Resist the urge to always explain yourself

The fact is – for any number of reasons that are often beyond our control – people don’t always see us in the same way we see ourselves.

While it’s natural to care about how you are perceived, it is an exercise in futility to try to explain yourself or justify your actions to everyone who doesn’t get you. Not only is this often a waste of time, it will likely make you seem insecure on top of everything else.

People will often draw conclusions about others based on what they imagine or guess to be true rather than what actually is. They may even presume to know what motivates a person or declare with confidence that they know why that person took a specific course of action. When, in fact, these conclusions can paint a picture that doesn’t at all reflect reality. And that’s OK.

It is perfectly acceptable to ignore the fact that other people have the wrong impression of you. Because, with few exceptions, what other people think about you will have absolutely no impact on your life unless you choose to let it.

When you truly know who you are, it won’t matter so much that other people don’t. What matters is focusing on who you want to be and what you wish to accomplish with your life regardless of those who don’t get you, what you’re doing, or what you wish to do.

It is not your job

If someone who doesn’t know you has an inaccurate perception of who you are, it is not your job to correct them.

In some situations, explaining yourself may be helpful, but the occasions when people who could not care less about you make misinformed, misguided, or snap judgements about you are rarely those times.

A lack of fanfare

At one time or another almost every creator experiences releasing something they’re excited about only to be met with little to no response. This can be demoralizing until you realize it’s normal. And you don’t have to explain it, make excuses for it, or feel bad about it.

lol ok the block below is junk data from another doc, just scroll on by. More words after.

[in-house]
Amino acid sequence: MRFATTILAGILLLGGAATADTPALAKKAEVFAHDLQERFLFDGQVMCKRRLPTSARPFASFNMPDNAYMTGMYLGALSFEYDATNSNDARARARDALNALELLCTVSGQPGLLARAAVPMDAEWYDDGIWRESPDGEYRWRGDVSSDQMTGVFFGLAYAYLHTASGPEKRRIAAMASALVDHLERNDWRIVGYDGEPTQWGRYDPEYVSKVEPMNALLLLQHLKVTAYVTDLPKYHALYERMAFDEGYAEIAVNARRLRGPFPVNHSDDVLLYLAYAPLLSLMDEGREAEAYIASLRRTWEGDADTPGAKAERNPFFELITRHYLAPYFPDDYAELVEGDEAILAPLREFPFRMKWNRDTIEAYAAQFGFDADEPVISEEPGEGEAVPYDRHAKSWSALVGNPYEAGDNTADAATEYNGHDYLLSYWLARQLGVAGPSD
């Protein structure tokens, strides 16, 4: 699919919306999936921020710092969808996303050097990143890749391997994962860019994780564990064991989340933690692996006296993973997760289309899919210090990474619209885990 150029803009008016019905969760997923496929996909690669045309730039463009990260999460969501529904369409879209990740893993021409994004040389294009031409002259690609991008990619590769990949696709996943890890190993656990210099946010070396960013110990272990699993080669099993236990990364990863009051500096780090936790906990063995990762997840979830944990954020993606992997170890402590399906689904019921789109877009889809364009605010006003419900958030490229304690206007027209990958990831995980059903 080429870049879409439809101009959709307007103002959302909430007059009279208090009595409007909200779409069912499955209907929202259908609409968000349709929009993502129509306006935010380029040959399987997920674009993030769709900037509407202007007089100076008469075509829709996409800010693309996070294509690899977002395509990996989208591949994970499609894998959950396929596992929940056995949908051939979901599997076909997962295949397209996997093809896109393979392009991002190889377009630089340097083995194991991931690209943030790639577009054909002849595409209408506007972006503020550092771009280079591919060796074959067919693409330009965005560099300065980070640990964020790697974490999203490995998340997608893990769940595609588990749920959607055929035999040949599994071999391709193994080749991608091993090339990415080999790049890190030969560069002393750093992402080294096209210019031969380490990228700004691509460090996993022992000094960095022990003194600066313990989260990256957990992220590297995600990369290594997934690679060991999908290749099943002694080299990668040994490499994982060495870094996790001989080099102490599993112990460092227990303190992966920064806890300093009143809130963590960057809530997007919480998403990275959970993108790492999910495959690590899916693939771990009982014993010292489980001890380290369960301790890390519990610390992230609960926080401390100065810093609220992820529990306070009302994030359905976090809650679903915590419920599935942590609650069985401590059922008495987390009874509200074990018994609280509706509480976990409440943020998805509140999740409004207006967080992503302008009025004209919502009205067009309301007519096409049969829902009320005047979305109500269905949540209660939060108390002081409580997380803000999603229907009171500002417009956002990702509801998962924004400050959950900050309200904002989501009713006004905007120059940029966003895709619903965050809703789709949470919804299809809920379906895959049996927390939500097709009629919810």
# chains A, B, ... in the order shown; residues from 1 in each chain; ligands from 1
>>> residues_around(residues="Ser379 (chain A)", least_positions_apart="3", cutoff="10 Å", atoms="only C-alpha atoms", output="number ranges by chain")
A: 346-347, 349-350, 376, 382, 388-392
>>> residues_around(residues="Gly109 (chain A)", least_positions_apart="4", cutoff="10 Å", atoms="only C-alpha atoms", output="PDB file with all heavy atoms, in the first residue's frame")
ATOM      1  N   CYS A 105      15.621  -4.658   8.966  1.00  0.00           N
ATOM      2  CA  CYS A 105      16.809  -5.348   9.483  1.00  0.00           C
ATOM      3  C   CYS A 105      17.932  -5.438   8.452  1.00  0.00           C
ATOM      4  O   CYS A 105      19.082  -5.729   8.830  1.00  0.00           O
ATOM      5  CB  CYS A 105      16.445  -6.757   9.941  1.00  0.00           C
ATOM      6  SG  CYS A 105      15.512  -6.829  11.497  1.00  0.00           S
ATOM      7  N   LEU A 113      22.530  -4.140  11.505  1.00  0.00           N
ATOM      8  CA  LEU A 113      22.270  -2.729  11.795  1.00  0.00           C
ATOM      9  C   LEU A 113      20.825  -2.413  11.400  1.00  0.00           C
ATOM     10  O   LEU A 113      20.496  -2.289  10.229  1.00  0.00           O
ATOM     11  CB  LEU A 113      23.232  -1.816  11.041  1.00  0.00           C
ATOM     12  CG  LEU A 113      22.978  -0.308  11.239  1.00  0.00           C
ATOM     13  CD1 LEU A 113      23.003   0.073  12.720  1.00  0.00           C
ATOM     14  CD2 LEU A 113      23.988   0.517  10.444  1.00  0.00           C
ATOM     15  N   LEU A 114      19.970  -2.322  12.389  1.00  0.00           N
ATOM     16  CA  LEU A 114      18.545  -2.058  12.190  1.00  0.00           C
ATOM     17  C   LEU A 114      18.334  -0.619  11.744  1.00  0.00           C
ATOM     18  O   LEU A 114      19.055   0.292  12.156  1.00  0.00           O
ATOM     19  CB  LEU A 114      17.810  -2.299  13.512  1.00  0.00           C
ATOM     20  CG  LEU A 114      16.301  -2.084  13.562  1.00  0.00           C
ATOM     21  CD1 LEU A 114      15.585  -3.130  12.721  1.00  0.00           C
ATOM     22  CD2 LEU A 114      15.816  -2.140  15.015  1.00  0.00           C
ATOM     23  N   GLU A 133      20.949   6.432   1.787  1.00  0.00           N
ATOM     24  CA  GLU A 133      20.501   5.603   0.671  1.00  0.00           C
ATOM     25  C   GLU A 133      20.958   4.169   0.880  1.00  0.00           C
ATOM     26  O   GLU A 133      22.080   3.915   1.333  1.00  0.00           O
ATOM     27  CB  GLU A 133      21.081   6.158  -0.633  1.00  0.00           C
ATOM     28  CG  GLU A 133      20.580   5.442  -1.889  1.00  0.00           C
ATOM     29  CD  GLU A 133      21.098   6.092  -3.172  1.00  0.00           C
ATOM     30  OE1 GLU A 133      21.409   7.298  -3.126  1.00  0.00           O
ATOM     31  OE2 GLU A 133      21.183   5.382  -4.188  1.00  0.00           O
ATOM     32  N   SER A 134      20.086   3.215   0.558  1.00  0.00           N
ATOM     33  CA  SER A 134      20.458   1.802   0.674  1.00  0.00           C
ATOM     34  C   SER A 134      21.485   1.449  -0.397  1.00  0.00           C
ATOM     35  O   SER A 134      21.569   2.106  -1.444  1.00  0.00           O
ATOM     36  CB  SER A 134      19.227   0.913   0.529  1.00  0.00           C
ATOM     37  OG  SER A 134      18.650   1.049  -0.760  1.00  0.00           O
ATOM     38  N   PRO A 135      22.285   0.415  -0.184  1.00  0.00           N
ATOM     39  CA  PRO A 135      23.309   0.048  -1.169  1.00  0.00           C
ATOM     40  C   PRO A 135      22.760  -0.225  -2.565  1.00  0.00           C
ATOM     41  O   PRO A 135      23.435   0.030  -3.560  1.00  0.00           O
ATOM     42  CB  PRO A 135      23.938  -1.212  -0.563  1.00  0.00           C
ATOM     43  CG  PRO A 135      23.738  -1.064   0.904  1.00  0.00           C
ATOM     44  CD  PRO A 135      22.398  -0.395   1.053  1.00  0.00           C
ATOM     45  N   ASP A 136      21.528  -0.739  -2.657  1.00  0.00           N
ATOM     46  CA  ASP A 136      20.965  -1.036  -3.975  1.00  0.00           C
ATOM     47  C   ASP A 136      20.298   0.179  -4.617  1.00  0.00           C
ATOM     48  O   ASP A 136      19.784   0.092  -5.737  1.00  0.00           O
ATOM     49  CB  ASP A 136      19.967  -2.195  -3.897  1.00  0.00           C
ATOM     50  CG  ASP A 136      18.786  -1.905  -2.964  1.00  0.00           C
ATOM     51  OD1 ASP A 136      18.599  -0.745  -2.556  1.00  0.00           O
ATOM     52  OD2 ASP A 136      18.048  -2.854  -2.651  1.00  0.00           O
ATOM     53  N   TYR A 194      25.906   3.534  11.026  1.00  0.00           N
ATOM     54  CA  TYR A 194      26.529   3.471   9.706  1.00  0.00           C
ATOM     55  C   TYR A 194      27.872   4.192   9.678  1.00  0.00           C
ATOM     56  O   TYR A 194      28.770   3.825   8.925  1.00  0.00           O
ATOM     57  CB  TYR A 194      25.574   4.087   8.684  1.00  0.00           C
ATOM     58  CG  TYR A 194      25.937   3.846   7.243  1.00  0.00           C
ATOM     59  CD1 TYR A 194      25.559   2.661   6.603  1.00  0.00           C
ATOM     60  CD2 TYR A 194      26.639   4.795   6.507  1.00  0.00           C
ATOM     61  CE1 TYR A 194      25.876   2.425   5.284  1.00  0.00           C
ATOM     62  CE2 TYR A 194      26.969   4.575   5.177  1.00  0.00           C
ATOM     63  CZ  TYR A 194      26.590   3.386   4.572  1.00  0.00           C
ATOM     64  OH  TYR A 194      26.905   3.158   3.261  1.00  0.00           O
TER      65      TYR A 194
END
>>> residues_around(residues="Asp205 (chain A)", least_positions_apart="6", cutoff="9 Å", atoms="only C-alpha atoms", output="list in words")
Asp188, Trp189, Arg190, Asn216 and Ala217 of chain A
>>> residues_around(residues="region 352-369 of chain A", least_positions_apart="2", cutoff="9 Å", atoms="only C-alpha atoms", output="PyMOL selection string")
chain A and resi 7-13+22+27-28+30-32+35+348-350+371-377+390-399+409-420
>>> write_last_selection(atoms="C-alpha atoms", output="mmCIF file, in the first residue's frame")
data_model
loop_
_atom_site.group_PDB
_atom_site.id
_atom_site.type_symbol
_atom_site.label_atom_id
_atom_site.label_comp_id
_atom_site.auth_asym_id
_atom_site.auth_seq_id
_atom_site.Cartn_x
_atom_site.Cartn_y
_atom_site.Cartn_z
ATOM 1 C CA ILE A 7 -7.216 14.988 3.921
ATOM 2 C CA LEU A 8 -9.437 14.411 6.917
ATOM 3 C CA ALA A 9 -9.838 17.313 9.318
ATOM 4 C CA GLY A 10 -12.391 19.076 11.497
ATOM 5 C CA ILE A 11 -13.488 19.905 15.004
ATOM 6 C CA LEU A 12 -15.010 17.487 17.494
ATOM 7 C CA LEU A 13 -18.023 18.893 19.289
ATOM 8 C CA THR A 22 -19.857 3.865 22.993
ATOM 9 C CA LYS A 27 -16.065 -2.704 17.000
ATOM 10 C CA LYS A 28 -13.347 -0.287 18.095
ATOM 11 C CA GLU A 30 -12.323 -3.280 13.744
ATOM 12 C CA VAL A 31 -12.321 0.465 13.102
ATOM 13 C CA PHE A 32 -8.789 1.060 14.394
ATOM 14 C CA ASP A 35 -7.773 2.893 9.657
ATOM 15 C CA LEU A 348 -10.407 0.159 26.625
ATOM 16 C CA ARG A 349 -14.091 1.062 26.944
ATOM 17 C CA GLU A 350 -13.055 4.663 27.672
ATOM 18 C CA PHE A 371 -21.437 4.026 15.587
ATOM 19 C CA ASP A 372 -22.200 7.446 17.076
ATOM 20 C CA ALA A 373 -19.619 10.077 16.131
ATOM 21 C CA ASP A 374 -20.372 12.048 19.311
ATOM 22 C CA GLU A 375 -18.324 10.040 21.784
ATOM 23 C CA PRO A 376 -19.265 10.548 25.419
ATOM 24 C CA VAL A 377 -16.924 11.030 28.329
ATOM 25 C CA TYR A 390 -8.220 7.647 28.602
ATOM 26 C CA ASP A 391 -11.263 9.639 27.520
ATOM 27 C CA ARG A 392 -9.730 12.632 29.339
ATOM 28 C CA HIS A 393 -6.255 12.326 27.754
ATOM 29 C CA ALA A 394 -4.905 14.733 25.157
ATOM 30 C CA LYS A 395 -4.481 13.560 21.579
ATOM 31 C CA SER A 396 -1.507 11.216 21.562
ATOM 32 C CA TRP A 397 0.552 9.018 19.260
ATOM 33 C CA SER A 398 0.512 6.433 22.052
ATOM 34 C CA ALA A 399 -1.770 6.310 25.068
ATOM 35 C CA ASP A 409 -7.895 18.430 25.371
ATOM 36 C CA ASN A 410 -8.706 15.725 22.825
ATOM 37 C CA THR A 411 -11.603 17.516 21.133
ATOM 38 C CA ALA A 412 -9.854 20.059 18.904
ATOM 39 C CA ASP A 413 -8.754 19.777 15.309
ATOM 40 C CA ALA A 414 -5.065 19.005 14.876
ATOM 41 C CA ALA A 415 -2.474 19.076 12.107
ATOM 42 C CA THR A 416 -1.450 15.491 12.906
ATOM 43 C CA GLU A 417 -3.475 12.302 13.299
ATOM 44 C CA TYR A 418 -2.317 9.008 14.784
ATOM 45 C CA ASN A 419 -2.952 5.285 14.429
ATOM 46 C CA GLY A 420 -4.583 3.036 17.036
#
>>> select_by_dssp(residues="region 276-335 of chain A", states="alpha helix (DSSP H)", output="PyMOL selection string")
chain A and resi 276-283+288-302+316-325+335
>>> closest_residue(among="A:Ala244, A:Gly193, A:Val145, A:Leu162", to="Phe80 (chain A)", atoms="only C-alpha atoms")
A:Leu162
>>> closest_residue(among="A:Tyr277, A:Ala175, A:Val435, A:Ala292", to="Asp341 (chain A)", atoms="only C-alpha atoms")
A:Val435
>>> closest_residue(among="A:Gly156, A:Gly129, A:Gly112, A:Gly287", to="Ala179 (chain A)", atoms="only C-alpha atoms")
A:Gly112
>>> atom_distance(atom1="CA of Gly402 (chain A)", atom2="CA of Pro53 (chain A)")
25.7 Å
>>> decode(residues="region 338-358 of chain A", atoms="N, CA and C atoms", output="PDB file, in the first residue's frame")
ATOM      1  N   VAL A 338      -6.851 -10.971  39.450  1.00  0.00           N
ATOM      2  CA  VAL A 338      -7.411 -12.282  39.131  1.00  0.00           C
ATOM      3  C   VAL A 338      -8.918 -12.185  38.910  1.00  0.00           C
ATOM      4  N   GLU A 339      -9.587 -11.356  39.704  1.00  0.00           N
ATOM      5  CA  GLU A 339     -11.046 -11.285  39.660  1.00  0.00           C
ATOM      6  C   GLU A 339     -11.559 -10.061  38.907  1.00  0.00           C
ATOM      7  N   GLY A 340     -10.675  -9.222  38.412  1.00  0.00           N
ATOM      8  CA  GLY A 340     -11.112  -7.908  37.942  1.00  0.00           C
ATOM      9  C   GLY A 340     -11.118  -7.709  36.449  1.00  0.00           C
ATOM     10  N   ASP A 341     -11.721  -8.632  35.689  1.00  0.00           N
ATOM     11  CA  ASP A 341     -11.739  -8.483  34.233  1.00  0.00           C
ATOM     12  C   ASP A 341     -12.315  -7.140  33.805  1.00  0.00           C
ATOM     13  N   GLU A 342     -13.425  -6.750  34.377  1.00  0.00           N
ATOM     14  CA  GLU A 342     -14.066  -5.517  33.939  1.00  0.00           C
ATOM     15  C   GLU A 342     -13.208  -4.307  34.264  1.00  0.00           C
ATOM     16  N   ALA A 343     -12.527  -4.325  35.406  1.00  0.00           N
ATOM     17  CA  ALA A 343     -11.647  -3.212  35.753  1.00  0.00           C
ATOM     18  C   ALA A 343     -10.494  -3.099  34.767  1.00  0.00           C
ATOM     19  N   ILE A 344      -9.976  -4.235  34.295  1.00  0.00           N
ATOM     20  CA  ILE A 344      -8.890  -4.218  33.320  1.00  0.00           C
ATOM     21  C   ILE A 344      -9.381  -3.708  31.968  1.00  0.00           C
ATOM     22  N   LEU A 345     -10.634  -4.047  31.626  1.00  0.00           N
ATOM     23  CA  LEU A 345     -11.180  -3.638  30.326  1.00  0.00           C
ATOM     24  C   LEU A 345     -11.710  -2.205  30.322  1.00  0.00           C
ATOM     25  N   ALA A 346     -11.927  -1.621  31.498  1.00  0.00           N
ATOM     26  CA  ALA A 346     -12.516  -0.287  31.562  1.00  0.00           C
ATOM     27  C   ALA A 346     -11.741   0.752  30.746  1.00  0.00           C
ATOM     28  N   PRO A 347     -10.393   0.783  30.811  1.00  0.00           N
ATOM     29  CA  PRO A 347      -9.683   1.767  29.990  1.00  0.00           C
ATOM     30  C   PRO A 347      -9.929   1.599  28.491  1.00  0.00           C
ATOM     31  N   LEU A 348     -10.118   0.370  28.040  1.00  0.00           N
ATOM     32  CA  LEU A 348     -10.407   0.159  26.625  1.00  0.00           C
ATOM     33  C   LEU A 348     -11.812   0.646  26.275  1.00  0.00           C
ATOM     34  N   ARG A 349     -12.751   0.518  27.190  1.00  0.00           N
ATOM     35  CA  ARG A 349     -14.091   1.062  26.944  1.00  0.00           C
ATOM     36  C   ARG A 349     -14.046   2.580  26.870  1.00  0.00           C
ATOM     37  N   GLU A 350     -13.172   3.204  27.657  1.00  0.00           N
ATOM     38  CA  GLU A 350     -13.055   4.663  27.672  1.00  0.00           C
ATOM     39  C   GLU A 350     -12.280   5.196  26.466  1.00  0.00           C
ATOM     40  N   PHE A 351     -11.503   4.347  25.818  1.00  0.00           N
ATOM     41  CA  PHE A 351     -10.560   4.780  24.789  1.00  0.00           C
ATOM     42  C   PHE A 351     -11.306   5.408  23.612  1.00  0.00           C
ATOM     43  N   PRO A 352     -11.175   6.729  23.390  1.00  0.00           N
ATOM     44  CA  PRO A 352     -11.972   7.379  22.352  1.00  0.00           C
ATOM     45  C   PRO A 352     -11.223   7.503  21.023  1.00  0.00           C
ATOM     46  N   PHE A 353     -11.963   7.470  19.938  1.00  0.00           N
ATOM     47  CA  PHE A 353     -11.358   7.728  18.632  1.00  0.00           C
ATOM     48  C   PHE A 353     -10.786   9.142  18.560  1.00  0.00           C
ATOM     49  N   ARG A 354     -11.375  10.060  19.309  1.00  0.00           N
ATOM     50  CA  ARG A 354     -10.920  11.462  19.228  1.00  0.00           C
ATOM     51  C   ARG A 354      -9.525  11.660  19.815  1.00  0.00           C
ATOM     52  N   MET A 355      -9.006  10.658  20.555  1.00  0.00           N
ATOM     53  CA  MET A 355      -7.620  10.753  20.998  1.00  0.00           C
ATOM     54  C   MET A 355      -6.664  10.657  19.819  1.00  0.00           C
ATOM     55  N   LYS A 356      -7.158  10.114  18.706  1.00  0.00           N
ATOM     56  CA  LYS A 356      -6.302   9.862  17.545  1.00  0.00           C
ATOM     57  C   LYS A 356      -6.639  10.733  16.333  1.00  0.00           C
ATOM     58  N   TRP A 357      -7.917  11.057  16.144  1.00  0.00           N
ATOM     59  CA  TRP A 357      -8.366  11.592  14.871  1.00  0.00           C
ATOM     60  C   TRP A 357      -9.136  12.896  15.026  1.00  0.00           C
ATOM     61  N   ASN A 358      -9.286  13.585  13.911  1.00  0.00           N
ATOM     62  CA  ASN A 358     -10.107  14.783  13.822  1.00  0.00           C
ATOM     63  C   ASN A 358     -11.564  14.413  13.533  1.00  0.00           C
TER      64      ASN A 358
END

Not everything will get the attention you think it deserves. That’s life just keep pushing forward.

Stand behind your work

If people want to appreciate you for something you’ve created – even if you see flaws in it – let them. It is entirely OK to be appreciated & recognized for the things you create even if you’re better now than you were when you created them.

Don’t disparage your work just because you can see flaws in it. If it’s obvious to you what you could have done better, that’s proof you’ve grown. And that’s something to be proud of. And if you created something that people admire, that’s something to be proud of, too.

Don’t deny yourself the recognition for previous accomplishments just because you’ve improved in the time since you accomplished them.

Accepting praise

When you are being genuinely appreciated for something, accept it. And if you know you can improve upon what you are being appreciated for, don’t point it out. Just do it.

Everyone is a work-in-progress. That doesn’t mean that we shouldn’t allow ourselves to be appreciated for where we are on our journey.

Just because you’re not on top of the mountain doesn’t mean you can’t be appreciated for the things you’re doing to get there.

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